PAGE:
FIFA Women’s World Cup: Fashion has football fever. Here’s how to do it right

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FIFA Women’s World Cup: Fashion has football fever. Here’s how to do it right

Fashion designers borrowing from sporty subcultures is nothing new. Surfers, skateboarders, golfers and Formula 1 drivers have all witnessed elements of their uniform strut down the runways, trickle down the high street and on to fast-fashion racks.

The latest obsession? Soccer. Or football, if you’re in Europe, where the best vintage sports gear can be found, thanks to the die-hard fans who inspired the trend.

This isn’t the first time we’ve seen soccer and fashion merge either: think young David Beckham, Dirk Bikkembergs’ influential sport couture in the 2000s and House of Holland’s collaboration with Umbro in the 2010s.

But the style has recently been kicked into the mainstream. Outfits have gone viral on TikTok under the hashtags ‘blokecore’ and ‘blokette / bloquette’, which have more than 385 million views on TikTok combined.

Supermodel Bella Hadid is the MVP responsible for the footy look becoming so popular. She appeared in a Balenciaga campaign last year wearing an oversized football jersey from the brand’s collaboration with Adidas. And photographed on the streets of New York City wearing Adidas Sambas and a half-zip jersey, her off-duty style resembles what a leathery Liverpool fan might wear down to the pub.

Kim Kardashian too was recently snapped wearing a 1997/1998 jersey from the club Roma, paired with bike shorts and oversized sunglasses. But what makes the look distinctly ‘blokette’ is fusing masculine and feminine elements together.

Zoey Radford Scott, a New York-based Kiwi stylist, says many of her friends in Manhattan have embraced the trend. “Adidas especially, soccer shorts, long-sleeve soccer tops with socks and ballet flats, that’s a classic right now.

“I’m very into high soccer socks. I’ve been using them a lot in shoots from editorials, celebrity clients [Steve Lacey, Bad Bunny] to commercial jobs [Diesel, Jacquemus] so the soccer vibes are spread throughout.”

The playful mix of blokecore and balletcore is what makes the trend so appealing, not to mention the boom in diffusion lines making ‘high fashion’ more affordable to Gen Z.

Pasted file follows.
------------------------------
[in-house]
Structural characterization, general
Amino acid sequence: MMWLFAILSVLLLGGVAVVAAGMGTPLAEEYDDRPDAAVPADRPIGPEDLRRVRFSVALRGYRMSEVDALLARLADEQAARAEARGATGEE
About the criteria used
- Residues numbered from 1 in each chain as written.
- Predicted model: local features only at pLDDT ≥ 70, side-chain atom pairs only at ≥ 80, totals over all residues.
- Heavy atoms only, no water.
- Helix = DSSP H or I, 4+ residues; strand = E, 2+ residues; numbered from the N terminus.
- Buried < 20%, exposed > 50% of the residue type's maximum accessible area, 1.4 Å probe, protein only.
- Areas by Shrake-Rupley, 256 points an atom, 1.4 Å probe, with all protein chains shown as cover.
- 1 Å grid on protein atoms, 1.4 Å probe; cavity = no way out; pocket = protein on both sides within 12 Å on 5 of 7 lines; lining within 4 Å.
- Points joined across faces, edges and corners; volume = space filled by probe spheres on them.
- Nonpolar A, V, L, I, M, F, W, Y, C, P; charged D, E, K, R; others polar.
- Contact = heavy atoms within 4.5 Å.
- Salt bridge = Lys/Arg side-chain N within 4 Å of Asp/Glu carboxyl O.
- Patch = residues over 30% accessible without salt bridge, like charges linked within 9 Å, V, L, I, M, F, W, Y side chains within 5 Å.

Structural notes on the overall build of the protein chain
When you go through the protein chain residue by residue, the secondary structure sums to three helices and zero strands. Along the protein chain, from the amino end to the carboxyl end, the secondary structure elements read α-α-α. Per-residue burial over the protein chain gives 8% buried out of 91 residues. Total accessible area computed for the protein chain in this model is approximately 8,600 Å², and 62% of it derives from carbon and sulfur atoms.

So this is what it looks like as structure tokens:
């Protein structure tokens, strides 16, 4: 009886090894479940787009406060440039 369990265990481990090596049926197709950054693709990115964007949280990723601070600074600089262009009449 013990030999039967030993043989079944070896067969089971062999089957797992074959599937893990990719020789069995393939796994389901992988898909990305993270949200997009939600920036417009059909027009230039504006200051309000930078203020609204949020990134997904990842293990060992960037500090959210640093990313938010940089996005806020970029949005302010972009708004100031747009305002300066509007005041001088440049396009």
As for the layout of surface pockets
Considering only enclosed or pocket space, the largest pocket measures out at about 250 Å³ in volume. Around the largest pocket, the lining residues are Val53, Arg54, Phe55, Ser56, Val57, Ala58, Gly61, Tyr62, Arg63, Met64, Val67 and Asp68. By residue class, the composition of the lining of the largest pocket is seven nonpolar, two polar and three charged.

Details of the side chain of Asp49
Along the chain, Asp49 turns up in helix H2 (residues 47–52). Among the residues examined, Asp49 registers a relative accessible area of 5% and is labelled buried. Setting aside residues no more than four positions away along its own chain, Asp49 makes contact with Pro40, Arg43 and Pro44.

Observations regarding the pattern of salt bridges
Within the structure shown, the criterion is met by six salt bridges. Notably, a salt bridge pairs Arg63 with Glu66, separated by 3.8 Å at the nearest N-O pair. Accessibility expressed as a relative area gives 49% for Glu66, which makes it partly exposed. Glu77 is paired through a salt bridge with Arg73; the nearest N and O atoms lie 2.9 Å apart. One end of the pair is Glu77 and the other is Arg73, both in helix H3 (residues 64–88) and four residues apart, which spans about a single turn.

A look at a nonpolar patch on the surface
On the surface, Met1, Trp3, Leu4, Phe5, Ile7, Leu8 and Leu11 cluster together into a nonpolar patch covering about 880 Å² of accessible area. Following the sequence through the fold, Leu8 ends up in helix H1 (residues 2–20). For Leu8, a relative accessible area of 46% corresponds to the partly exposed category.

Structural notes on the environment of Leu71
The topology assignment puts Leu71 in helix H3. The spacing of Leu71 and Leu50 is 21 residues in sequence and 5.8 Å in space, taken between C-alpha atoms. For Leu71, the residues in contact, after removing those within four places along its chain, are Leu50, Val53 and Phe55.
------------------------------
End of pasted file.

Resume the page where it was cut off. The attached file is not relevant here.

“We’re seeing a massive increase in the collaborations between fashion designers and sports brands,” explains Auckland-based stylist Estelle Schuler.

“Balenciaga x Adidas, Jacquemus x Nike. I love the collaboration between British-Jamaican designer Martine Rose and Nike. It pays homage to the women of the sport and has some fabulous pieces – especially the Shox!”

NYC based stylist Zoey Radford Scott in her Martine Rose jersey.


NYC based stylist Zoey Radford Scott in her Martine Rose jersey.

Tom So, another Auckland stylist and Gen Z (aka a qualified expert) says, “designers like Martine Rose and Wales Bonner are the biggest influence in menswear right now. They draw inspiration from their [Caribbean] cultures and juxtapose it with elevated clothes that are super desirable. POC designers are always at the forefront of what’s next and these two are definitely responsible for bringing blokecore into the zeitgeist.”

If you’re inspired to try this out for yourself, you could spend $350 on a distressed Martine Rose X Nike jersey, or, you could make like a thrifty stylist and hit the op shops. So finds all his soccer pieces second hand. Schuler’s favourite jerseys are ‘borrowed’ from family members’ wardrobes.

“My Argentinian soccer jersey is sort of a family heirloom, gifted to my dad about 15 years ago from friends. Last year he was rocking the blue and white stripes around the house when I asked him if I could, pretty please with a cherry on top, ‘borrow’ the top. He gave it to me on the spot, but I’m not sure I’ll be giving it back anytime soon.”

Auckland stylist Estelle Schuler in one of her soccer-inspired looks.

Auckland stylist Estelle Schuler in one of her soccer-inspired looks.

As for styling, Schuler says “there is a fine line between slay and nay with this trend – the ones getting it right are paying attention to silhouettes. My go-to combo is an oversized track jacket paired with mini Adidas sports shorts – red and white stripes. I wear shorts and tall boots almost every single day, it helps me strut down the street better.”

“It’s about pairing it with jeans, shorts, dressing it up or down,” adds So. “Definitely not appropriate to play an actual football game.”

Similarly, Radford Scott likes to style her baby blue and white Martine Rose jersey with classic pieces. “Suit pants or mini skirts, simple things and not sporty otherwise it becomes a uniform,” she says. “I think wearing any sports team is a statement, so wearing a football jersey of a team you don’t know anything about could be wrong. But then if the colour is right and you love it, it doesn’t really matter.”


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